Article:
Op-Ed: What ‘Mad Men’ Fails to Capture About the Golden Age of New York Advertising
When: March 1, 6:30 p.m.
The hugely successful television series, “Mad Men,” which is about to enter its fifth season on March 25, depicts advertising in the late 1950s and ‘60s as a business dominated by white, Protestant, chauvinistic males who spent much of their time on their knees. They were well-educated, and offered full service to their clients: elaborate meals, tickets to Broadway plays and sporting events and carnal diversions.
One early “Mad Men” episode best describes the era. The management of the Sterling Cooper agency was scrambling to find a Jew in the agency. Someone asks, “Do we have one?” Another replies something to the effect of, “No. But there’s an Italian art director in the back room.”
I can relate to that. I’m not Jewish, but I was born in Detroit during the Great Depression to Italian immigrant parents. After spending my entire education studying to be a serious artist, I found temporary work in what I thought was a mindless business in which I had zero interest: advertising. I was hired to work in the mat room of Campbell-Ewald in Detroit, cutting mat boards and laying out print ad mock-ups for $55 a week. The job turned out to hold more interest than I originally imagined; it was the beginning of my long career as an art director in advertising.
Although I got my start in Detroit, I always believed New York was Mecca. The opportunity to move there came on May 18, 1959, when I took a job in Campbell-Ewald’s Madision Avenue office.
And while the characters on “Mad Men,” like Don Draper, adhere to a hard-drinking lifestyle, that’s the polar opposite of the way I lived my life during that time. (Of course, I know many a real “Mad Man” whose conduct would make Don Draper appear celestial.)
I worked a 60-hour week on average for my entire career, and considerably more in pitching new business. I didn’t drink on the job, or lie to my employees or clients. I believed in setting examples rather than lecturing people. In our entire history we were adamant in never accepting a cigarette account with huge profit margins, even though we were asked to solicit the accounts of large tobacco manufacturers. And to conclude this bit of piety, I’ve been happily married to the same woman for 48 years.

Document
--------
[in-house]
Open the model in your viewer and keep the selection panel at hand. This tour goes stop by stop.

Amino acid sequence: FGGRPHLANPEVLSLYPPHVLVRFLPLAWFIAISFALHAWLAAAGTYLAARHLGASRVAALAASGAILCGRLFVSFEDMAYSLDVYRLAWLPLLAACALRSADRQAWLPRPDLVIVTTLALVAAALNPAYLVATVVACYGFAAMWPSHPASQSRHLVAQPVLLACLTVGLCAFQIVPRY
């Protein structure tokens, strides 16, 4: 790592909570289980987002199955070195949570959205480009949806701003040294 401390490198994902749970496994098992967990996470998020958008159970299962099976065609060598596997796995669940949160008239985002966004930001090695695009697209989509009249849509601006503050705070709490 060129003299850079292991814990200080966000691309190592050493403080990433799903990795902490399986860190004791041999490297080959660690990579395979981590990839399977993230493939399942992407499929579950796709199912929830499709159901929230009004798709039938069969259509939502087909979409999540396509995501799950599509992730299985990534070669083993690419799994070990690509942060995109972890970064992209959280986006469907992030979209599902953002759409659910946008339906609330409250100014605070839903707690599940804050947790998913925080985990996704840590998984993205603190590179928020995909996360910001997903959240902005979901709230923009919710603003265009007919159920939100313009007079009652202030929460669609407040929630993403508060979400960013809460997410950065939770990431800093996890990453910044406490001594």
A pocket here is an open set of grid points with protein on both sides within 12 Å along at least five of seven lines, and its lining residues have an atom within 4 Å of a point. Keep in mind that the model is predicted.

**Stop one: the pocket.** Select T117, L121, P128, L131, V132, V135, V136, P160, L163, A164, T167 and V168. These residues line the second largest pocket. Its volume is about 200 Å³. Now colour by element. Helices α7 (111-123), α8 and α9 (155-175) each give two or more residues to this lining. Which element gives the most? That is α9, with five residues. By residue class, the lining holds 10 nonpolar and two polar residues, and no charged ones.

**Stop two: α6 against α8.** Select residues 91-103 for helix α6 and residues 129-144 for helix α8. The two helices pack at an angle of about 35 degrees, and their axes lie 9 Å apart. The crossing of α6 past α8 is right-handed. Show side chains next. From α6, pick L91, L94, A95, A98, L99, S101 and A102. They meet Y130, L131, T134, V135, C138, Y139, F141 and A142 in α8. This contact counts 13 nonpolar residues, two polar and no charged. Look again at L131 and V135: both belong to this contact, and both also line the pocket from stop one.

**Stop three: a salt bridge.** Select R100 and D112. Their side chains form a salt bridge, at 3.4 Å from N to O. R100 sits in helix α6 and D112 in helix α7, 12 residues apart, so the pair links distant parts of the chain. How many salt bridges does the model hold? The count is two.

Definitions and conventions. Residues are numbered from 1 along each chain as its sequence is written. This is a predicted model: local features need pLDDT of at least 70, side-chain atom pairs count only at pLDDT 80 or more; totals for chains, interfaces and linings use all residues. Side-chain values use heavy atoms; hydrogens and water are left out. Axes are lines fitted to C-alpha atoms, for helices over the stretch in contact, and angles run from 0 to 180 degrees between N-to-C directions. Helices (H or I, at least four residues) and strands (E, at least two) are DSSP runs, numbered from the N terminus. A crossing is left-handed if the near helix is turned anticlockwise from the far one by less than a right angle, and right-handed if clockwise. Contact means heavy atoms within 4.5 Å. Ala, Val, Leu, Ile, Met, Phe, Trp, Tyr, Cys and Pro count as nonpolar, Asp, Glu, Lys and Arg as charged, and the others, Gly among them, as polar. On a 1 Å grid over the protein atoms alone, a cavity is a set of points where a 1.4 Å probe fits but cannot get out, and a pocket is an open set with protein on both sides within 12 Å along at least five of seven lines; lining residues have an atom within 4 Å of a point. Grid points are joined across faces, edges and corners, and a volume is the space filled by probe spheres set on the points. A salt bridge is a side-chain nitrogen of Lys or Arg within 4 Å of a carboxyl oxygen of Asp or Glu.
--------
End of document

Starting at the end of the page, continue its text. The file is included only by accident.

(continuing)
But claiming virtue is a bore. Boozing and womanizing were commonplace for some, but not for all of the advertising men I knew. The real truth that “Mad Men” fails to portray is that for many of us in the industry, our work was what mattered above all. Myself and my long-time partners, Carl Ally and Jim Durfee, were on a mission to drastically alter the nature of advertising from the trivial, superficial and mindlessness of those times to something powerfully persuasive and intelligent to consumers.
I was a creative director, the job held by the fictional Don Draper. Carl Ally was the agency front man, but he was more Don Draper than Don Draper, in every way. Carl was brilliant, inspiring, erudite, blunt, and confrontational; a wildly manic individual who was congenitally horny. Married five times, it wasn’t safe for the cleaning women to bend over when Carl worked late at night. One thing we had in common, including Draper, was that we all served in the Korean War.
In 1962, we launched a radical new form of advertising for Volvo. For the first time, we referred to our competition by name, and demonstrated the superior performance of our car. In our first commercial, we showed a Volvo out-accelerating three domestic cars in a drag race, each with more horsepower: the Chevrolet Corvair, the Ford Falcon and the Chrysler Valiant.
The first week the commercial ran, a call came to Carl from an angry Ford executive. “How dare you compare your car to ours? I’ve got strong objections to this kind of advertising,” he blurted. “And I’d like to know what you think should be done about this ugly situation, Mr. Ally?”
Carl paused for a brief moment, then said, “Make your car go faster,” and hung up.
WATCH VIDEO: “The Fast Talking Man” television commercial created by Ally & Gargano in 1981, was among the most memorable commercials created for Federal Express. It was recently included in Brian Williams’ interview with FedEx founder and CEO Frederick Smith.
I spent seven years writing a recently published book on this subject, which includes 46 extraordinary case studies of how our advertising campaigns launched daring new companies and rejuvenated large, well established corporations. Among them is Federal Express, whose founder and CEO has openly admitted, that “had it not been for Ally & Gargano, Federal Express would probably not exist today.” When an advertising agency can take responsibility for the success of an international company with annual revenues of $39 billion, then it far exceeds the peccadilloes of “Mad Men.”
Yes, I believe “Mad Men” is a moderately accurate depiction of life for many people in advertising at that time. But the show has yet to seize on the tremendous changes that electrified advertising by the men and women who were, indeed, the polar opposite of Matthew Weiner’s creation.
Amil Gargano is the co-founder of Carl Ally Advertising, Inc. and its successor agency, Ally & Gargano, along with Carl Ally. The pair became known for their ad campaigns for companies like Volvo, Hertz, Federal Express, Vespa and IBM. He will appear alongside Andrew Cracknell, the author of “The Real Mad Men: The Renegades of Madison Avenue and the Golden Age of Advertising,” at an event on March 1 sponsored by the Gotham Center for New York City History.